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Black and white photo of Inuit couple, Pangullaq with wife Ulujak, Ennadai Lake, 1954.

Gabriel Gély’s Arctic Photographs Donated to the University of Manitoba

December 16, 2020 — 

Gabriel Gély (1924-2020) is best known for his artistic portrayals of Arctic life and for his outstanding contribution to the development and promotion of Inuit art. Until recently, few knew about Gély’s passion for photography and his assemblage of images. A Parisian by birth, Gély resided in northern communities for over 30 years. He died November 27, 2020.

Recognizing the significance of this collection, Dr. Shelley Sweeney, recently retired Head of the University of Manitoba Libraries, Archives & Special Collections, collaborated with Gabriel Gély, his wife Dorothy Myhal Gély, and private collectors Kathyrn Knowles and Susan Howe to facilitate its acquisition by the University of Manitoba.

Following the end of World War II, Gély’s love affair with the Canadian Arctic was sparked by a chance viewing of an Inuit artifact display that was mounted in the windows of the Libraire Sainte Beuve, in Paris. The young ex-soldier and resistance fighter decided to use his savings to travel to Canada in 1952.

By 1953 he found employment as a cook with the Department of Transport (DOT) Canada at several weather stations located at Clyde River (Kanngiqtugaapik), Baffin Island, Ennadai Lake and at Sachs Harbour (Ikaahuk) on Banks Island.

While at Ennadai Lake, he attempted to alleviate the plight of starving families by feeding them from the supplies located in the downstairs area of his workplace. In recognition of his generosity, Gély was given the name Taraami, translated loosely as “Downstairs,” a reference to the location of the DOT supplies.

From 1956 until the late 1980s, Gély held major positions with the federal government as an administrator and arts and crafts advisor for the Arctic region. He also was a self-employed  contractor with the Federal and Territorial governments.

Valued for their subject-matter and artistic appeal, Gély sold some of his photographs to publications such as The Beaver magazine (now Canada’s History magazine). In addition, he raised funds and received a grant for the “Return to Ennadai Lake” project, which documented a visit by Arviat families to their Ennadai Lake homeland. [According to the CBC, “approximately 80 Ahiarmiut families were packed on airplanes and taken from their home near Ennadai Lake”; the Canadian government issued an long-awaited apology in early 2019.]

Gély’s large collection of images span the years 1954 to 1987 and consists of photographs primarily of people and scenes in the following communities from various periods of time: 

  • Arctic Bay (Ikpiarjuk)
  • Arviat, Baker Lake (Qamani)
  • Clyde River (Kangiqtugaapik)
  • Ennadai Lake
  • Gjoa Haven (Uqsuqtuuq)
  • Grise Ford (Ausuittuq)
  • Hall Beach (Sanirajak)
  • Lake Harbour (Kimmirut)
  • Pangnirtung
  • Pond Inlet (Mittimatalik)
  • Rankin Inlet (Kangiqliniq)
  • Repulse Bay Repulse Bay (Naujaat)
  • Sachs Harbour (Ikaahuk)
  • Spence Bay (Talurjuaq)

In total, there are 671 slides, approximately 2125 negatives, 125 proofs and 597 photographs in black and white and colour.

The Archives is presently closed due to COVID restrictions. The Gabriel Gély collection is currently not available online, but the Archives is developing a digitization plan for our return to campus. Please contact the archives for further information on this collection.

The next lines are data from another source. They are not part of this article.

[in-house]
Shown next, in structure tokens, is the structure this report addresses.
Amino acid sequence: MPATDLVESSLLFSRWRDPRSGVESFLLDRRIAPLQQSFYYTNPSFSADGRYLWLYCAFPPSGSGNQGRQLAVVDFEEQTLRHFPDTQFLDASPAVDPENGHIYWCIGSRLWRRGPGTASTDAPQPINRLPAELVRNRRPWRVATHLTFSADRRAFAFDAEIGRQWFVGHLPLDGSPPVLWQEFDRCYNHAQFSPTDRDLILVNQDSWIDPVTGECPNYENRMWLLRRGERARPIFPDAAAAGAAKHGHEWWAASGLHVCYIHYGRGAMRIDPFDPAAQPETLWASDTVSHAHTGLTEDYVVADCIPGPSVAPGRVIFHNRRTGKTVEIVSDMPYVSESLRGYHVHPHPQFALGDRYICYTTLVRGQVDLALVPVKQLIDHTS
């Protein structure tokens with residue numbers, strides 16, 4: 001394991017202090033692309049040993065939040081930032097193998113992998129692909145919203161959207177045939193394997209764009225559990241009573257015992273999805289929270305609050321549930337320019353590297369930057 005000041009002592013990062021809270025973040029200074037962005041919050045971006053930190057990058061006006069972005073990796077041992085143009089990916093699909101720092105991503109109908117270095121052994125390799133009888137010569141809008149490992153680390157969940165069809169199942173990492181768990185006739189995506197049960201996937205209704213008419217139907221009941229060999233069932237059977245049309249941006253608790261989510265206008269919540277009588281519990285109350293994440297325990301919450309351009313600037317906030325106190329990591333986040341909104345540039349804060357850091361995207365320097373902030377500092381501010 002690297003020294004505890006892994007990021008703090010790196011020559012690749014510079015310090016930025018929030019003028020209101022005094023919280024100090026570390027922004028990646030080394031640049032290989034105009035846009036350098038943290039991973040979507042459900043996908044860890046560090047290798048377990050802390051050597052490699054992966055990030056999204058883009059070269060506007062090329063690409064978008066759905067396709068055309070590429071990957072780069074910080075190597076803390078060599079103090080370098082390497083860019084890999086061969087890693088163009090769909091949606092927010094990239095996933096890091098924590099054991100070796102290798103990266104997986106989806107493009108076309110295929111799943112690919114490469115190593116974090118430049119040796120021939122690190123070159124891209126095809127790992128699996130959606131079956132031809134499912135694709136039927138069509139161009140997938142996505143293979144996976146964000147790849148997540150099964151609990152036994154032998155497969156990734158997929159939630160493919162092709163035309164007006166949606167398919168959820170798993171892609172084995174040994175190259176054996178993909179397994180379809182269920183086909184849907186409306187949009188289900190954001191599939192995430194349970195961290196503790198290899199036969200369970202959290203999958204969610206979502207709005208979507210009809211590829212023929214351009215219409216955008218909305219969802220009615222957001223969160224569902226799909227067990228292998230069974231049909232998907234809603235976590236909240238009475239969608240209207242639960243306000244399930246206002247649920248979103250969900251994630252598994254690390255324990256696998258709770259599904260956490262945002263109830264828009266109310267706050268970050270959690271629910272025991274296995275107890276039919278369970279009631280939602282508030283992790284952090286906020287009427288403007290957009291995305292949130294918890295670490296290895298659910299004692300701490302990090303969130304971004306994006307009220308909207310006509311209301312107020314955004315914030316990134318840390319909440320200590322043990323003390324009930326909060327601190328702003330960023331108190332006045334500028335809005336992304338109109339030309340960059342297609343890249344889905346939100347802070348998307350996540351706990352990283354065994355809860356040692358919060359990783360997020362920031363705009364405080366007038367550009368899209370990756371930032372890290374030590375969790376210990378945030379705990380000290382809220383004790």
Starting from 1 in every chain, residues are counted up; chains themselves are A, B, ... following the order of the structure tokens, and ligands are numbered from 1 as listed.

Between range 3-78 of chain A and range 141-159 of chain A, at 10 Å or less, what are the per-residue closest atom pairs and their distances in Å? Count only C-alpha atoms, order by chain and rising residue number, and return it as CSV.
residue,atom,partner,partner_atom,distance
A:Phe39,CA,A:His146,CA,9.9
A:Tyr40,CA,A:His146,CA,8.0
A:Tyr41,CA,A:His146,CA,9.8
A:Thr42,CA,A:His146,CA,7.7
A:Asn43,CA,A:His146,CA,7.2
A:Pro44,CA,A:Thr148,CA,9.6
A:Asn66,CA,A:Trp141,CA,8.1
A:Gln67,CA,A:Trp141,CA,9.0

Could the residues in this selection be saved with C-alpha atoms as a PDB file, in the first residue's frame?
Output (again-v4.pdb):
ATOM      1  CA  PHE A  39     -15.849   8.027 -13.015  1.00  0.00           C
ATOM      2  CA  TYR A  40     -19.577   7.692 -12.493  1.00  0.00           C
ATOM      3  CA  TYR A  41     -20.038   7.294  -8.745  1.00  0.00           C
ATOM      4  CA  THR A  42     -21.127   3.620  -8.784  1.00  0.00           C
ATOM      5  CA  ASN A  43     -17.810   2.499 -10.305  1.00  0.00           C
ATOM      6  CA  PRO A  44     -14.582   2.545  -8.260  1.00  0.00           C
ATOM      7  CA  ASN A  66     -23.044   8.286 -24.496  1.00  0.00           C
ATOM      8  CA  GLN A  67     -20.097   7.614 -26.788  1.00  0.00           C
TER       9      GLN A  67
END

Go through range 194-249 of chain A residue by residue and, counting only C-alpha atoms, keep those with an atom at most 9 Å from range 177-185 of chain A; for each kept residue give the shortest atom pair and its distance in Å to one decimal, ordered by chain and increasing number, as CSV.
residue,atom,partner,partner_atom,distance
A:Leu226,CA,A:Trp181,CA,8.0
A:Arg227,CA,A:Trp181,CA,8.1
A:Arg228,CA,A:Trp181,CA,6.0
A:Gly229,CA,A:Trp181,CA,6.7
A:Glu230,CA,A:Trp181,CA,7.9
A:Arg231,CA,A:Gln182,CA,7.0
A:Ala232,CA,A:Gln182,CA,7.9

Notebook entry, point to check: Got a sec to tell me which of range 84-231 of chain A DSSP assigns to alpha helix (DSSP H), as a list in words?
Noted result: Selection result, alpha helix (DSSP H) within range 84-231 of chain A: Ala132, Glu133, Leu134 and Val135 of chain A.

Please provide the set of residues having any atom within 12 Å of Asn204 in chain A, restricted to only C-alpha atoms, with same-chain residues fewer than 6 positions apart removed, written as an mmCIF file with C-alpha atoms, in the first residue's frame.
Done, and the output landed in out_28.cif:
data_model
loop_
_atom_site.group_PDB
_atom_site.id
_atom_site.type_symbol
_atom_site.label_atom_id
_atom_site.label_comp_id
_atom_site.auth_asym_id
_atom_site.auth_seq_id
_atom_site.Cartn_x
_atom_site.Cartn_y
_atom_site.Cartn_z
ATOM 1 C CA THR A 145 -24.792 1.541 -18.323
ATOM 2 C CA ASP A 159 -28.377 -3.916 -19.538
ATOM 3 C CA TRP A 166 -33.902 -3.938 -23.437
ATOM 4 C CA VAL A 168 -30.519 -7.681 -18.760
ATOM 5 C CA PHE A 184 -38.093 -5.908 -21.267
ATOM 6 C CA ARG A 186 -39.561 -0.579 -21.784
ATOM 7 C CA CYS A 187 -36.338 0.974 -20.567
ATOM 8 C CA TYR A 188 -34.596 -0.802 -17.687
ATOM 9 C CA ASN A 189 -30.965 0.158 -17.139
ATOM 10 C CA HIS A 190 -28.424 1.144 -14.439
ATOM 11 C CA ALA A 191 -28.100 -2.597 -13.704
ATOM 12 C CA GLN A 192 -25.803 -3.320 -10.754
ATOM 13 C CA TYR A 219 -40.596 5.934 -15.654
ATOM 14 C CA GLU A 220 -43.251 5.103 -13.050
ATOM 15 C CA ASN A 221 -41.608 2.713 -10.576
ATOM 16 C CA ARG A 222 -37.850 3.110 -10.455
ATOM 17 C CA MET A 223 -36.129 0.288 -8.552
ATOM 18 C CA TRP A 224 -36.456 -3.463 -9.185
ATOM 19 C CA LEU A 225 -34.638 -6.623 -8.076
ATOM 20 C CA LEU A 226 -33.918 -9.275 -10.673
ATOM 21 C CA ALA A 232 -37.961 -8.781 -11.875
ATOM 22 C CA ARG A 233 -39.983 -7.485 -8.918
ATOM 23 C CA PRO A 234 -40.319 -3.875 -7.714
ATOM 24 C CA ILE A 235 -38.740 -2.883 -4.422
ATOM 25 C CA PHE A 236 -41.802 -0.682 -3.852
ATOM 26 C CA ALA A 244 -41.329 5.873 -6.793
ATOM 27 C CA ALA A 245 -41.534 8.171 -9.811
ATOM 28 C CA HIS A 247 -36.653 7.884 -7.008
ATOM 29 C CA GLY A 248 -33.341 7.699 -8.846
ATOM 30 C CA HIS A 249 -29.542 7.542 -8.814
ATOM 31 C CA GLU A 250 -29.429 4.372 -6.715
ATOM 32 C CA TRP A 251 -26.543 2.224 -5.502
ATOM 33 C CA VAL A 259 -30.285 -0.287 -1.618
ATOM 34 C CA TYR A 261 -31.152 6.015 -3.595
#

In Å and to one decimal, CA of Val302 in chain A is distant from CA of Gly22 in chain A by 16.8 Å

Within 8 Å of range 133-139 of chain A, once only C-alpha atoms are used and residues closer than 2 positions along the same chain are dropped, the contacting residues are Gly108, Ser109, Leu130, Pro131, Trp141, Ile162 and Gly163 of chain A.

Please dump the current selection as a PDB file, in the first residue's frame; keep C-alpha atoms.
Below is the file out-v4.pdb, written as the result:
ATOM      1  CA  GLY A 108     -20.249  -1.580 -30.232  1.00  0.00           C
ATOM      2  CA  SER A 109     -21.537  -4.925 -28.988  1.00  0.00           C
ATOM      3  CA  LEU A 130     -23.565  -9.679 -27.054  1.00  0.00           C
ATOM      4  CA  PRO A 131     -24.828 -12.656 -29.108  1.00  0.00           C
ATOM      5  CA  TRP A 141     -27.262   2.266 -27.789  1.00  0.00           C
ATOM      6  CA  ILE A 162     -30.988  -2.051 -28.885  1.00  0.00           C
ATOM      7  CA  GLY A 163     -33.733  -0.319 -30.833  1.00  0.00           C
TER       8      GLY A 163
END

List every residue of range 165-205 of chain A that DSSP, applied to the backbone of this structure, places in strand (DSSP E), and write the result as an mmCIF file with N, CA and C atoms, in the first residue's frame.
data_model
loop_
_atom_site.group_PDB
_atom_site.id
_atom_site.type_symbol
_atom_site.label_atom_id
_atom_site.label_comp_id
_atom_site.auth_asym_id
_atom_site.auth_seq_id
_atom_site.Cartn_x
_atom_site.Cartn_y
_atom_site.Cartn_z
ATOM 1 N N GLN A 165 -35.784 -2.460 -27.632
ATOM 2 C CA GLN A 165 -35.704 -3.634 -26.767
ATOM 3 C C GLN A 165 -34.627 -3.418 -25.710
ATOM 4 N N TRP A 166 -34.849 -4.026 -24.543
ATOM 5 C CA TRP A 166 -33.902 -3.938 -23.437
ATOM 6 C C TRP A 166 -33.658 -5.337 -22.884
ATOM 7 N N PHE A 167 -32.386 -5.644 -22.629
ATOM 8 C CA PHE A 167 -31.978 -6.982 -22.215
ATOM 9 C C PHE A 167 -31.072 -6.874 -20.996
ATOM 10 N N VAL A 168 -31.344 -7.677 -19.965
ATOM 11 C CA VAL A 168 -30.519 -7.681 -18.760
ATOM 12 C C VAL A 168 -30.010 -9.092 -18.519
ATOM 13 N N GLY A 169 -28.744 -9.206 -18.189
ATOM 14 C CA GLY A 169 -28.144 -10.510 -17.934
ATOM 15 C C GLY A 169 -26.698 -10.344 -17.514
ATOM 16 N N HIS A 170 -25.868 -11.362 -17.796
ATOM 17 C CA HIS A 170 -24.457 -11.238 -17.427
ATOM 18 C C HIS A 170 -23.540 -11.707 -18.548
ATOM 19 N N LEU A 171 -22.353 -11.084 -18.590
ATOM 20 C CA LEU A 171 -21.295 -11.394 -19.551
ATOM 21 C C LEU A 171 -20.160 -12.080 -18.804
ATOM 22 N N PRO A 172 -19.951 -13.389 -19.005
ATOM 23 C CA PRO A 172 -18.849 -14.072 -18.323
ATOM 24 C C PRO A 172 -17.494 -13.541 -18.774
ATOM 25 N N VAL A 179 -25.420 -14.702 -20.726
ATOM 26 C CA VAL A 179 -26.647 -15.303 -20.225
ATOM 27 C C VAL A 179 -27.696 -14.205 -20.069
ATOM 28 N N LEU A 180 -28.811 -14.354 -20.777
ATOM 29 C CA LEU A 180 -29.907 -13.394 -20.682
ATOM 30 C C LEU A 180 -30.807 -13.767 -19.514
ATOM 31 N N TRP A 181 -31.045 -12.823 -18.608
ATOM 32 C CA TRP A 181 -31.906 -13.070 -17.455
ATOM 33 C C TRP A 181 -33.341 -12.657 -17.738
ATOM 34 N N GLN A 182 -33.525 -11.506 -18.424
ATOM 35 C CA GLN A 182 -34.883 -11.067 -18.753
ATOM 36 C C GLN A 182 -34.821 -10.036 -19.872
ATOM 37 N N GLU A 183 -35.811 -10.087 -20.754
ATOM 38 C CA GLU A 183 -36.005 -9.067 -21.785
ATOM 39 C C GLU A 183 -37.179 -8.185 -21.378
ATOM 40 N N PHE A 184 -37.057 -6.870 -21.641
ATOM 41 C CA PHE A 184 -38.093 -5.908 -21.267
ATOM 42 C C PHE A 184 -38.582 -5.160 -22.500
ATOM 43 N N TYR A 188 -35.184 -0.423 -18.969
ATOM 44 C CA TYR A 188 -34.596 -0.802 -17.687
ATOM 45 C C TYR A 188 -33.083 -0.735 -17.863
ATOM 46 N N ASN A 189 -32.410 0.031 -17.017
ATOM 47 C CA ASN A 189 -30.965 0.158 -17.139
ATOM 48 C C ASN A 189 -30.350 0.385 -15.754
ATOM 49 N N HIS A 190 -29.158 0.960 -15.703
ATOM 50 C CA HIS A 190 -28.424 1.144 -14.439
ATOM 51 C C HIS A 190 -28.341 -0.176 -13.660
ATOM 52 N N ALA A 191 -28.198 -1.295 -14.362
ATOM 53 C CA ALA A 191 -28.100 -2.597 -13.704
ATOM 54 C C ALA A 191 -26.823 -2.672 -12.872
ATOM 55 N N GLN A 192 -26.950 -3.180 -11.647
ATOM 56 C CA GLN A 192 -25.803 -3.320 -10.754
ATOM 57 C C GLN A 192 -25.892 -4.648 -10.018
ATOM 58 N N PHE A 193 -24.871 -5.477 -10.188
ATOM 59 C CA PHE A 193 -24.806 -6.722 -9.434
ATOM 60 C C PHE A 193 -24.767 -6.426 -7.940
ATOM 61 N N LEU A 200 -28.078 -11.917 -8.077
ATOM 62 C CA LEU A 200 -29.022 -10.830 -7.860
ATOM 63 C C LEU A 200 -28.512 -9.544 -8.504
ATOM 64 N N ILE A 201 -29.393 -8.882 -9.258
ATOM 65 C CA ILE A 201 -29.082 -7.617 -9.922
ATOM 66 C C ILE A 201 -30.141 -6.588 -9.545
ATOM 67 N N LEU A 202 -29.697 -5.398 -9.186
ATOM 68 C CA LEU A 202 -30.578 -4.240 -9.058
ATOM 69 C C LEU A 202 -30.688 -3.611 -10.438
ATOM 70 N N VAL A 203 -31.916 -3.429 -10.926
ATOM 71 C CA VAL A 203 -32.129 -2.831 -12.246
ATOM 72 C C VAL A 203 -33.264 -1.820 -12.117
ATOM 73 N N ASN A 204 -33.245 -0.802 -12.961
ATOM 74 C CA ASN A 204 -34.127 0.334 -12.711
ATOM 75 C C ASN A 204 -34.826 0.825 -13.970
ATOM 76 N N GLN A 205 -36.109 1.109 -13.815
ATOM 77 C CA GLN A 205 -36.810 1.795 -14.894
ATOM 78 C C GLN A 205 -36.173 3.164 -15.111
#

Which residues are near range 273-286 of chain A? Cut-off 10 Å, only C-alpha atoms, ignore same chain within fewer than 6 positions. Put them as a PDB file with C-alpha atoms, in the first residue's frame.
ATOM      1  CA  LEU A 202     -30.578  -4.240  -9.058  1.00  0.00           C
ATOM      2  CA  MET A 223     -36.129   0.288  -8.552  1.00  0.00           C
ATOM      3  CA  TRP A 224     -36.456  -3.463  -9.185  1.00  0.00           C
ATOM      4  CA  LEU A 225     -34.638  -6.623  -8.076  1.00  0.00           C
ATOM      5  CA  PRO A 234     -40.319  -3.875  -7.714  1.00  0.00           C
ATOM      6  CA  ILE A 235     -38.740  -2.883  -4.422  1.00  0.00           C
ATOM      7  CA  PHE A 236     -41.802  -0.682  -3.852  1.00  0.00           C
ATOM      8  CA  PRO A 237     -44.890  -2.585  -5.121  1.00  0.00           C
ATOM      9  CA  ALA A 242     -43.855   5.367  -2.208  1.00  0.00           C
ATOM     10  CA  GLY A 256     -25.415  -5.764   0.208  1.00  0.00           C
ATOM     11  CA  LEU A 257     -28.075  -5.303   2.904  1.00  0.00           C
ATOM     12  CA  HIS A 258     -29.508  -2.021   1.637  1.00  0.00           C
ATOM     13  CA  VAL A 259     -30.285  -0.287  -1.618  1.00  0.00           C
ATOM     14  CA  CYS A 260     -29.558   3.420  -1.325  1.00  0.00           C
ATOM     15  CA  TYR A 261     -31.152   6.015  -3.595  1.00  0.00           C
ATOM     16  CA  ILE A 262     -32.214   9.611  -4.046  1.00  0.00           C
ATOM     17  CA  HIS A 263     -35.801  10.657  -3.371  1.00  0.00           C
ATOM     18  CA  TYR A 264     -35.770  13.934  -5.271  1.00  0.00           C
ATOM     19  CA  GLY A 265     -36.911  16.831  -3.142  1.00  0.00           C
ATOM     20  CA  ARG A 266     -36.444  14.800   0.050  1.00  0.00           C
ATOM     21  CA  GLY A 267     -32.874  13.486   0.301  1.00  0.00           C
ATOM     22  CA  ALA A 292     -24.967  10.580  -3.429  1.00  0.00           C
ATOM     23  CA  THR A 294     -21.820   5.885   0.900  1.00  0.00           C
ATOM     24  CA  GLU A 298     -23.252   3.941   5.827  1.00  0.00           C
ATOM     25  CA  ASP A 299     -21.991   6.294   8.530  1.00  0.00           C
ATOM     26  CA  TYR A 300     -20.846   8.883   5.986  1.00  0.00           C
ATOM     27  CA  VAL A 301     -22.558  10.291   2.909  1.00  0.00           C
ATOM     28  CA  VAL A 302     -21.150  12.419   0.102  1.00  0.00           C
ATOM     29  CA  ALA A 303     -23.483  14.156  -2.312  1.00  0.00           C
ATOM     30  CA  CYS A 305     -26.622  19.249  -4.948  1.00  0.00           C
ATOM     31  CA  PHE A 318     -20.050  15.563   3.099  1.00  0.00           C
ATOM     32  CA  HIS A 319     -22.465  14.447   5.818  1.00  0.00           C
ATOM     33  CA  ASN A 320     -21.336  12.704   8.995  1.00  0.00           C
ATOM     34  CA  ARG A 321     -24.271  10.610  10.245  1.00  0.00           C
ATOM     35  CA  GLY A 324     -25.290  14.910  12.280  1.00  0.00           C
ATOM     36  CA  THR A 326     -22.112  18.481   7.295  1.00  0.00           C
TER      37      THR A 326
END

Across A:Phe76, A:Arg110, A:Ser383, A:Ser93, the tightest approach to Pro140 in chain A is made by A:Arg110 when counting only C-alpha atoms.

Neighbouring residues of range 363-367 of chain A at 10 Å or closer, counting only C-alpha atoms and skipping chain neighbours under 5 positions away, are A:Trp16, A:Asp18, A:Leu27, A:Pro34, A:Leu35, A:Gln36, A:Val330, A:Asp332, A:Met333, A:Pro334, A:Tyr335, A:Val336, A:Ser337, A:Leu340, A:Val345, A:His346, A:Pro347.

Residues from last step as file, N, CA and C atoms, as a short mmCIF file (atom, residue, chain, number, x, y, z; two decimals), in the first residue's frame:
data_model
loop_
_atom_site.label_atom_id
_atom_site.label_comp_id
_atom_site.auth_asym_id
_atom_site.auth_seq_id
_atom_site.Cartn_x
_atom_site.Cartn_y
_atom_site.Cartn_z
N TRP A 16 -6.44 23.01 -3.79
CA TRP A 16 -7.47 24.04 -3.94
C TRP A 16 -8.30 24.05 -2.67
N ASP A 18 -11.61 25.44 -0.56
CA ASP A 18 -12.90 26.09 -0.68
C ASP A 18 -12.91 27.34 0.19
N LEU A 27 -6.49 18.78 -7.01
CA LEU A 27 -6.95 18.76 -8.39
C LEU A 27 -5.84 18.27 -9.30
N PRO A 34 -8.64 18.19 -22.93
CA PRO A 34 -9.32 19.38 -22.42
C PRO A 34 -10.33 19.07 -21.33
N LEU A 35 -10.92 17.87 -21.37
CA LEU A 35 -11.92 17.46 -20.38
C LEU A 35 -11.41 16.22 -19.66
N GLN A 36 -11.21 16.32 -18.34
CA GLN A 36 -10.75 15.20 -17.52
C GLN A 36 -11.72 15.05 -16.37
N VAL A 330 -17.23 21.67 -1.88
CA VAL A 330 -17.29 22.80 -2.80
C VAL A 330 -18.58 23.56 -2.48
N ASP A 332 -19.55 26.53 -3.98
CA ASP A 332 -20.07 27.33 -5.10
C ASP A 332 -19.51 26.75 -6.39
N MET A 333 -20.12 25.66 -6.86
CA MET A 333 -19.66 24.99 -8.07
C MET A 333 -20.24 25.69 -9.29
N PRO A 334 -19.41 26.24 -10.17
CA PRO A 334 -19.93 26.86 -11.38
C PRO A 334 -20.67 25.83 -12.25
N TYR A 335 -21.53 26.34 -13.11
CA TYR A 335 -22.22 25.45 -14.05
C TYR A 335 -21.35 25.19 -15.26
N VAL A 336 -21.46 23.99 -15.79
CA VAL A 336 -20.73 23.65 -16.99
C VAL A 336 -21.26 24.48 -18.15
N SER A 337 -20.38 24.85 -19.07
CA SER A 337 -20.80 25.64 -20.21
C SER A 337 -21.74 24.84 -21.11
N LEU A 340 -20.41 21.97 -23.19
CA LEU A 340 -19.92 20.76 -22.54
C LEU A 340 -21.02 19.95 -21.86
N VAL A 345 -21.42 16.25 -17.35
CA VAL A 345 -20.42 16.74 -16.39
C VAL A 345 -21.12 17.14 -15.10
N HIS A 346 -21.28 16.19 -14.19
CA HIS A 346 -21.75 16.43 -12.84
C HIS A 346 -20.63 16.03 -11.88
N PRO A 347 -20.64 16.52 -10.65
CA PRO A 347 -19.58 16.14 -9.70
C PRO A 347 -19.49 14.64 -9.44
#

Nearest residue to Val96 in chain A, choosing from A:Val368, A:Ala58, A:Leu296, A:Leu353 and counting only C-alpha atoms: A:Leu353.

Photo references:

  • Gabriel Gély photographed in his  studio.
    Courtesy of Gabriel Gély and Dorothy Myhal Gély©.
  • Gabriel Gély, Mrs. Annie Sewoee (Alikaswa), Mrs. Atasluk and Mr. Yaha, Arviat, 1967.
    Gabriel Gély fonds, A2018-025, Box 1, File 3.
  • Gabriel Gély posed with his camera and hunting guide, Noah. Clyde River (Kanngiqtugaapik), Baffin Island, 1954.
    Gabriel Gély fonds, A2018-025, Box 1, File 12. 
  • Pangullaq (right) with wife Ulujak, Ennadai Lake, 1954. Photographed by Gabriel Gély.
    Gabriel Gély fonds, A2018-025, Box 1, File 2.  
  • Gabriel Gély used his photographs as references for the subjects of his paintings. Ikalujuak carving at Clyde River, 1980. Photographed by Gabriel Gély.
    Gabriel Gély fonds, A2018-025, Box 1, File 9. 
  • Gély’s oil painting of Ikalujuak, 1984.
    Image courtesy of Gabriel Gély.
  • Ekalujuak’s son (left) with Kabloonaq, Clyde River (Kanngiqtugaapik), Baffin Island, 1953 or 1954. Photographed by Gabriel Gély.
    Gabriel Gély fonds, A2018-025, Box 1, File 14. 
  • Atasluk with unidentified child, Arviat, 1977. Photographed by Gabriel Gély.
    Gabriel Gély fonds, A2018-025, Box 1, File 10.

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4 comments on “Gabriel Gély’s Arctic Photographs Donated to the University of Manitoba

  1. Margaret Jessop

    This article is very well referenced and written by someone who also has a personal interest in the subject. I enjoyed the human interest aspect of the relationship the photographer had with the Inuit people- sharing his food etc. well done

    Reply
  2. Sam Bryks

    Wonderful article that tells this history with charm and empathy. The photographs are of very high quality. I hope to see more of Gely’s work online.

    Reply
  3. Kevin Killiktee

    Happy New, I work at Piqqusilirivvik (Inuit Cultural School in Clyde River)I just saw pictures from Gabriel Gély’s Arctic Photographs. is it possible to get digital copy of photos from Clyde River (Kangiqtugaapik)?

    Reply
    1. Betty Dearth - Author

      Thanks for your interest in the Gély collection. The Archives is presently closed due to COVID restrictions. The Gabriel Gély collection is currently not available online, but the Archives is developing a digitization plan for our return to campus. Archives will contact you directly regarding your request.

      Reply

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